Do Freelancers Need A Business License? 

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As more and more of us turn to self-employment, the freelancer workforce is growing exponentially.

When you can be your own boss, set your own rates, and choose your hours, it’s no wonder that so many people are ditching the traditional 9-5 to work as full or part-time freelancers. 

Although it’s appealing, becoming a freelancer isn’t easy, and you’ll have plenty of rules and regulations to get to grips with – especially when it comes to tax laws. 

So, do you need a business license to become a freelancer? Well, not exactly.

We’re here to help you choose the right business entity for your freelance business and walk you through the pros and cons of each option. 

What Is Freelancing?  

Freelancing is a form of self-employment. If you become a freelancer, you’ll work for yourself and usually share your skills with several clients on various projects, all on a flexible basis. 

If you’re a freelancer, you won’t have a traditional contract with a company. However, most freelancers will have their own small contracts with their clients.

As a self-employed worker, finding your clients and work is up to you, making freelancing more challenging than working a full-time, salaried role. 

Freelancers work in all sorts of fields. Some popular freelancer roles include: 

  • Writers
  • Illustrators 
  • Web Designers
  • Virtual Assistants 
  • Copywriters
  • Social media manager 
  • Digital Marketers 
  • Interpreters 
  • Video Editors 
  • Events Managers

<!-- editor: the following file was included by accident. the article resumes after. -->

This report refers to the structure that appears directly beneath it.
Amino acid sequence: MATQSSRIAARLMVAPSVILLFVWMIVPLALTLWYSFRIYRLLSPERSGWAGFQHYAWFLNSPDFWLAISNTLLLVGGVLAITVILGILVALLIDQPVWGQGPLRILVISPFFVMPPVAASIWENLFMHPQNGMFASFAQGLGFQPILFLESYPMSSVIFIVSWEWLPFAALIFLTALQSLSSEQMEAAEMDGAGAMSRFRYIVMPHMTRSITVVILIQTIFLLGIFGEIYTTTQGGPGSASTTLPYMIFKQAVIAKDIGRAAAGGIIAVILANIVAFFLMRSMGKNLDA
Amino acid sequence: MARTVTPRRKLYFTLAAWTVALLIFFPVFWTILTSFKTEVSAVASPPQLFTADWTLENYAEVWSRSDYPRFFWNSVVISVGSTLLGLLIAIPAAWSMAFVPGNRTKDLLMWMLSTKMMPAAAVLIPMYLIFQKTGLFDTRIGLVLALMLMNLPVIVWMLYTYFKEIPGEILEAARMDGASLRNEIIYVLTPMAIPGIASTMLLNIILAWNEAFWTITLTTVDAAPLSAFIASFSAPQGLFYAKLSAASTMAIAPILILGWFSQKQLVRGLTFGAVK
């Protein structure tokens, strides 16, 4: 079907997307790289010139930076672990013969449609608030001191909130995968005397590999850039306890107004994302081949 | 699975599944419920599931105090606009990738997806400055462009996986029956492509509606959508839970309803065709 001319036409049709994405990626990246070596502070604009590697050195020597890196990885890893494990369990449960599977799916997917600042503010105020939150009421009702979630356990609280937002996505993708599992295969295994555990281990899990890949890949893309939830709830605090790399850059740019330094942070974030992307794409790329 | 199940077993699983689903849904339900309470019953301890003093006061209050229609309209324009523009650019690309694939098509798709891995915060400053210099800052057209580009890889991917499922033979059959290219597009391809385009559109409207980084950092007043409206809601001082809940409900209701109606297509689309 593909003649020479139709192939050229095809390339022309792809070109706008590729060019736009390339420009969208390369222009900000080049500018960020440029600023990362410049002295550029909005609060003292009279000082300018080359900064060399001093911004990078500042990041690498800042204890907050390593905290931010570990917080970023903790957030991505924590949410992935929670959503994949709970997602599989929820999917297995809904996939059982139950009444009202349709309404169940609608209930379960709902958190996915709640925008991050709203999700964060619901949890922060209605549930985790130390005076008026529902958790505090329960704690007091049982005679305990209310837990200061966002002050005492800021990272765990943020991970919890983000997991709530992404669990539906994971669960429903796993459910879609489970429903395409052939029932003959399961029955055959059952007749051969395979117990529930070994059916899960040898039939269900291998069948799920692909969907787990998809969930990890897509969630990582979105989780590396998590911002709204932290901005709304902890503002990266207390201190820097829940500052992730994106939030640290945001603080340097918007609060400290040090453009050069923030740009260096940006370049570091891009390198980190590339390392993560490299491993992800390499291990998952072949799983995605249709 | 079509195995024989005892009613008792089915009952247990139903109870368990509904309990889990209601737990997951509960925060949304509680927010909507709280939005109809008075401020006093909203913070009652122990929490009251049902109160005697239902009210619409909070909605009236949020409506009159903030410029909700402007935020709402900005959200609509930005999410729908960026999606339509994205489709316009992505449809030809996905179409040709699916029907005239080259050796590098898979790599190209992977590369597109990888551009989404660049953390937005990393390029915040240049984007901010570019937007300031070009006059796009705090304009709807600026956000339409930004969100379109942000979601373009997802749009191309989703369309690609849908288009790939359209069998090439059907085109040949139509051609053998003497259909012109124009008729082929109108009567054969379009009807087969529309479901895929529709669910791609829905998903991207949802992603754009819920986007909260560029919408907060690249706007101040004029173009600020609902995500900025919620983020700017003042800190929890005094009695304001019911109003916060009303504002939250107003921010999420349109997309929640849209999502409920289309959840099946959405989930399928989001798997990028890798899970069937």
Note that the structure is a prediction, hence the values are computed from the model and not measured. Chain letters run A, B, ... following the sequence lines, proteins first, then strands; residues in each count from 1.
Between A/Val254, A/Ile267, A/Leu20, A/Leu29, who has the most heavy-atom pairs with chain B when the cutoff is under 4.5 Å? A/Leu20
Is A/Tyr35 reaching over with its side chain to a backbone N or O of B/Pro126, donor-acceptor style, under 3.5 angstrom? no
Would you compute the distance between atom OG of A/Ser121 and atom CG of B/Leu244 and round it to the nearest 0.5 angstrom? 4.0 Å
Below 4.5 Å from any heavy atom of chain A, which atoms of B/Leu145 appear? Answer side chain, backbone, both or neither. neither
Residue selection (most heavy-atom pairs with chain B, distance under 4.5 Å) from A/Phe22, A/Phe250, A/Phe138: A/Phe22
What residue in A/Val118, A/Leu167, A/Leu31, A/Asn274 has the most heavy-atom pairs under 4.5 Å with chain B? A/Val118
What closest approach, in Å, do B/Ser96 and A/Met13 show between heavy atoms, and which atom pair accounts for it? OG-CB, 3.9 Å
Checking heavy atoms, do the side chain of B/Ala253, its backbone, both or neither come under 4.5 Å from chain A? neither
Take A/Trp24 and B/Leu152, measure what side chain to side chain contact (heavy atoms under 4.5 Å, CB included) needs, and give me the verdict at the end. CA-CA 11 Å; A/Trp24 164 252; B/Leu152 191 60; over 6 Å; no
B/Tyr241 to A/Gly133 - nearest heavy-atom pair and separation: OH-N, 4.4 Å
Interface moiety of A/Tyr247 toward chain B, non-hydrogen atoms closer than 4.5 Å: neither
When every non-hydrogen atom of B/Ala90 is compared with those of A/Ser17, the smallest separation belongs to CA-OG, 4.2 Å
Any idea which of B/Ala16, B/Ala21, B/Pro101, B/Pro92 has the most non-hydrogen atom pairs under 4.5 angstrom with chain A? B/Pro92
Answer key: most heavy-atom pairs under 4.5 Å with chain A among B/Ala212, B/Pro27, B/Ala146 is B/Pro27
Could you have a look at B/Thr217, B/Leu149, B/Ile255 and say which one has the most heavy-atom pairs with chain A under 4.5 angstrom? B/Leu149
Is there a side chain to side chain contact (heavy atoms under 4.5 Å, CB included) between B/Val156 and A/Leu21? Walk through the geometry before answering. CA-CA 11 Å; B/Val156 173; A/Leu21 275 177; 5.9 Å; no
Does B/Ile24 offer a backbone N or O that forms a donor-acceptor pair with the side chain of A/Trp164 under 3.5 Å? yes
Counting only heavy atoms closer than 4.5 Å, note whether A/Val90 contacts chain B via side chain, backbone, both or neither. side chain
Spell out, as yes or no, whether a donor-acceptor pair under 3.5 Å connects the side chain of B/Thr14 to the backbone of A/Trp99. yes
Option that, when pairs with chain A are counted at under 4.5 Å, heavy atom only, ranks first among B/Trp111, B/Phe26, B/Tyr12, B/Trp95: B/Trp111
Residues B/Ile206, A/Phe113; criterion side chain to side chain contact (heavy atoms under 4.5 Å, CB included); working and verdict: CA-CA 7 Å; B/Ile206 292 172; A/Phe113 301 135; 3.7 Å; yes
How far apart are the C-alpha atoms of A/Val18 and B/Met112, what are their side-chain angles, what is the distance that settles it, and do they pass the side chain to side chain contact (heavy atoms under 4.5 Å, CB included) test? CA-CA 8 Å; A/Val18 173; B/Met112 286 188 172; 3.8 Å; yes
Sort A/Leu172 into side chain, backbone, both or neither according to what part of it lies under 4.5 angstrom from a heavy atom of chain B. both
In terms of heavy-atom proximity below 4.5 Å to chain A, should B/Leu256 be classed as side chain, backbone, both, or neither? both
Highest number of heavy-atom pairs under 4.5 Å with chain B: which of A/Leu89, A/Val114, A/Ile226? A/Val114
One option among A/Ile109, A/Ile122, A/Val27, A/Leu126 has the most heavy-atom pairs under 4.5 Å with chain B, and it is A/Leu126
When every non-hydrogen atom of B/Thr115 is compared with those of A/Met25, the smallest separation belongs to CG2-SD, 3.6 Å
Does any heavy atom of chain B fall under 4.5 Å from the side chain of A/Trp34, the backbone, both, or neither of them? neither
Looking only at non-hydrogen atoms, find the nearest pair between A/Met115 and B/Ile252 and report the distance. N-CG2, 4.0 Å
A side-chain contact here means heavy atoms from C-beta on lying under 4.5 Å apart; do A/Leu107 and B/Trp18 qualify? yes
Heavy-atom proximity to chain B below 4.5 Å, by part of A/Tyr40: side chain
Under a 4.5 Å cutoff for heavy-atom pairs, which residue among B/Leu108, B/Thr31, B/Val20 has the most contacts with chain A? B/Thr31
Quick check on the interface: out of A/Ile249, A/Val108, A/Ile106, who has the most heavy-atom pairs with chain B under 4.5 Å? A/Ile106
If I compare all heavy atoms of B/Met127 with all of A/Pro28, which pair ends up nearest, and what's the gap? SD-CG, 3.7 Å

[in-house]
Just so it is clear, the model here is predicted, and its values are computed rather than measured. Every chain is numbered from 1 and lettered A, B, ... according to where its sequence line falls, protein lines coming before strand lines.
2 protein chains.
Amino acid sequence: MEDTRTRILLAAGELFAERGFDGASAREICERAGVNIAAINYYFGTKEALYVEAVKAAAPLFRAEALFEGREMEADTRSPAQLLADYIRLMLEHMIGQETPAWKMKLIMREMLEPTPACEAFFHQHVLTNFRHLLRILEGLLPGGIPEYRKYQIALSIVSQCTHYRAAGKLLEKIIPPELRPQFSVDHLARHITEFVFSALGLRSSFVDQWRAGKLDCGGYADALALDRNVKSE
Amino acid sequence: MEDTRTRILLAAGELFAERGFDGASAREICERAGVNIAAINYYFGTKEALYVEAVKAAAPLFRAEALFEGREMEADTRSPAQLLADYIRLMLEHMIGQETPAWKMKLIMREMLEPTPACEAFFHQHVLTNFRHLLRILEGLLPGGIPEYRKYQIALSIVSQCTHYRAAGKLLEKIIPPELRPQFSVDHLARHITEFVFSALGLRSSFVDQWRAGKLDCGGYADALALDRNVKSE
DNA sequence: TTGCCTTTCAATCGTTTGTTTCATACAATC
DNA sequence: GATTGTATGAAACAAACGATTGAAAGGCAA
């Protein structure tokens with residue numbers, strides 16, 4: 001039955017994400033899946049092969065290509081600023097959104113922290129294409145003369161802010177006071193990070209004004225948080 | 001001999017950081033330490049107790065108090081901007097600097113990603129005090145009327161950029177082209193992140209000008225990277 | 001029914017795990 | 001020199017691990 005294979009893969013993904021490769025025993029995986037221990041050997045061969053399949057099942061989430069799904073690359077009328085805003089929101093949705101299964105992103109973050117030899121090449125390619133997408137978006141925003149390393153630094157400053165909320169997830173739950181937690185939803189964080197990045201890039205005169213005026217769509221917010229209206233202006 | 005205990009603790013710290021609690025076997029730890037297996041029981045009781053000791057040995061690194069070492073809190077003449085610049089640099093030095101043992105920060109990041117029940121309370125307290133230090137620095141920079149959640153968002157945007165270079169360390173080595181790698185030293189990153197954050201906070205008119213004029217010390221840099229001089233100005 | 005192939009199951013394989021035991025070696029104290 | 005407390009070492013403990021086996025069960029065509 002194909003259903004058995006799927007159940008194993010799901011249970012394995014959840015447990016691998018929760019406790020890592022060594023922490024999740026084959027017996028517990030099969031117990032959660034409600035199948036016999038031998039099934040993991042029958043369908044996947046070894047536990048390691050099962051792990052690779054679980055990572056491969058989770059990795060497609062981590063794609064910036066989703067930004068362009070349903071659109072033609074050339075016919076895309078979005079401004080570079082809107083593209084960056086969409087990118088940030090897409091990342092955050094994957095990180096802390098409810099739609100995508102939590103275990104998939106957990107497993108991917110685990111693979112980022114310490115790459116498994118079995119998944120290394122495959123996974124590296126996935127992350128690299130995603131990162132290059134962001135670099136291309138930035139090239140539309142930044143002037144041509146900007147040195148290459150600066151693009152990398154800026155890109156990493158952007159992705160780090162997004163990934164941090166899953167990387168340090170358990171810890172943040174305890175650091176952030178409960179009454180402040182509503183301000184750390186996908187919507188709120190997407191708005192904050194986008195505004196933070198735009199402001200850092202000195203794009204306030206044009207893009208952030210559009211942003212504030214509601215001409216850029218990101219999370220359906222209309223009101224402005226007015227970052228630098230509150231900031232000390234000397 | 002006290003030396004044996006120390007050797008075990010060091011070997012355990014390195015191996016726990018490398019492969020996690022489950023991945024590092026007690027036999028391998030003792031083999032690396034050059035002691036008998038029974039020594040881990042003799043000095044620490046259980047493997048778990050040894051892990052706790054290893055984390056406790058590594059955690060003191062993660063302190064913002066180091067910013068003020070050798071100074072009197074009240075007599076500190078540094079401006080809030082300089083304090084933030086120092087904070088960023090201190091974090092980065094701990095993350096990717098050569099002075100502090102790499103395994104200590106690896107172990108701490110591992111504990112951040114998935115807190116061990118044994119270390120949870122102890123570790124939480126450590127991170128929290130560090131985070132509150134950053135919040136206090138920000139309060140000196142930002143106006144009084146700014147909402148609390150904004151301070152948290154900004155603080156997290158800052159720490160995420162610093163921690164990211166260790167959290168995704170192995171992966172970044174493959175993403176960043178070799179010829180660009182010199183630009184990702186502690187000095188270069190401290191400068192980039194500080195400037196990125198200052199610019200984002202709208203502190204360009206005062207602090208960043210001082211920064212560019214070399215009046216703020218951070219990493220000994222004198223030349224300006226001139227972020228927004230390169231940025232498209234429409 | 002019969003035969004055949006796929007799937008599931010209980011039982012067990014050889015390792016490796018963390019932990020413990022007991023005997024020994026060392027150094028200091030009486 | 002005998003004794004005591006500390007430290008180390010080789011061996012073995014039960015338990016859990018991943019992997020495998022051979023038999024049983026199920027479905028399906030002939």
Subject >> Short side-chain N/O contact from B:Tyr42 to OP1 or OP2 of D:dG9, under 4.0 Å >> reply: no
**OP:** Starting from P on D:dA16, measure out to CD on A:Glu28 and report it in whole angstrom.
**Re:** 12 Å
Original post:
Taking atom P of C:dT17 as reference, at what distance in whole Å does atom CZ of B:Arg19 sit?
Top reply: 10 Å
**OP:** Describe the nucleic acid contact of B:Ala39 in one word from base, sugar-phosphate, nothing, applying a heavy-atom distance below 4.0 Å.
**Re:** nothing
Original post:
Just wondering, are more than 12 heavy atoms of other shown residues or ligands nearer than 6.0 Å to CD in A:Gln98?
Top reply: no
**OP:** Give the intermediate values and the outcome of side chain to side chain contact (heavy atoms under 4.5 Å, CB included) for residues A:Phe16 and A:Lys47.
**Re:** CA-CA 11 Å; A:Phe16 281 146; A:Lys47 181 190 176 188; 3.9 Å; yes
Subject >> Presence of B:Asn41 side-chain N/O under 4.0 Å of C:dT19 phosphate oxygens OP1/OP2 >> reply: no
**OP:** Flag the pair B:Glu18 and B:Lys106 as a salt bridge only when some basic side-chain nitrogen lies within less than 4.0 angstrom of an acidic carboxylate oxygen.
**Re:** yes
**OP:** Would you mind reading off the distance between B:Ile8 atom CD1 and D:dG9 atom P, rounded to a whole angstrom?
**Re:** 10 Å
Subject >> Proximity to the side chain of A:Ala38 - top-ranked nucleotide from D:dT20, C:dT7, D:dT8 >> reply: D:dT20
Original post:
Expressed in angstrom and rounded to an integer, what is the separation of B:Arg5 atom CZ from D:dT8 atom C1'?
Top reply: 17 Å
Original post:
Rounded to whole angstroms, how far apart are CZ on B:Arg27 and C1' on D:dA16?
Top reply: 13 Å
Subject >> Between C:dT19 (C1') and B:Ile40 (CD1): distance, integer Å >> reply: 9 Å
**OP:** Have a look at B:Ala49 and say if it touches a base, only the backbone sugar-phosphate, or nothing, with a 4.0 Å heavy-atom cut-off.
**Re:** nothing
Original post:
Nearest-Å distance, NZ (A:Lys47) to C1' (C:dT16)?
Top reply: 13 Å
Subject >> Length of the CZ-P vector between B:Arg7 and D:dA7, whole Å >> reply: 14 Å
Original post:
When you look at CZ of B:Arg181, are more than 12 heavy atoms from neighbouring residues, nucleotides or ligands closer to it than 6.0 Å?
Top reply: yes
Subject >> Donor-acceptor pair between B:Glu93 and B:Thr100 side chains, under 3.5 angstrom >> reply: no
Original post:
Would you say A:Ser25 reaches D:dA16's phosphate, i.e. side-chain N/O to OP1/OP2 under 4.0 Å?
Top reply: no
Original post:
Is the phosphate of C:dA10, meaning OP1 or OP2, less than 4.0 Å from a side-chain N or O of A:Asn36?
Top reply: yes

• Graphic Designers

… and many more.

Do Freelancers Need A Business License? 

For the purposes of this article, we’ll be focusing on US Law. 

If you want to register as a freelancer, be aware that the rules for business registration can vary between states. However, in many cases, you WON’T need an official business license. 

If you’re freelancing as a sole proprietor or general proprietor (this is the most common option), you won’t even need to register as a business unless you’re using a name that’s separate from your own (more on this later). 

However, if you want to operate as an LLC or a C/S Corporation, you’ll need to register your business.

Sole Proprietorship  

If you’re a freelancer, you may choose to establish yourself as a sole proprietorship. What does this mean? 

Sole proprietorships are the most popular options for freelancers.

When you start freelancing, even if you’ve done nothing to register your business officially, the Internal Revenue Service (IRS) will automatically brand you as a sole proprietor when it’s time to file your taxes. 

This is a term that’s given to an individual running a business. Filing taxes as a sole proprietor is simple. However, you will also need to complete a Schedule C form as part of your tax return. 

Pros 

  • It’s easy to set up as a sole proprietor. It requires minimal effort, and you don’t need to file any specific forms. 
  • When it comes to taxes, you rarely need to file any additional forms. Instead, simply declare your revenue on a Schedule C form, and it’ll be automatically entered into your regular 1040 form. 

Cons

  • As a sole proprietor, you will be liable for any business debts that may accrue. 
  • Sole proprietorships don’t offer any protection for your personal assets.

S Corporations 

There are two types of corporations: C and S Corporations. These letters simply refer to the tax code details for each corporation. 

If you become a corporation, your entity will be completely separate from you as a business owner.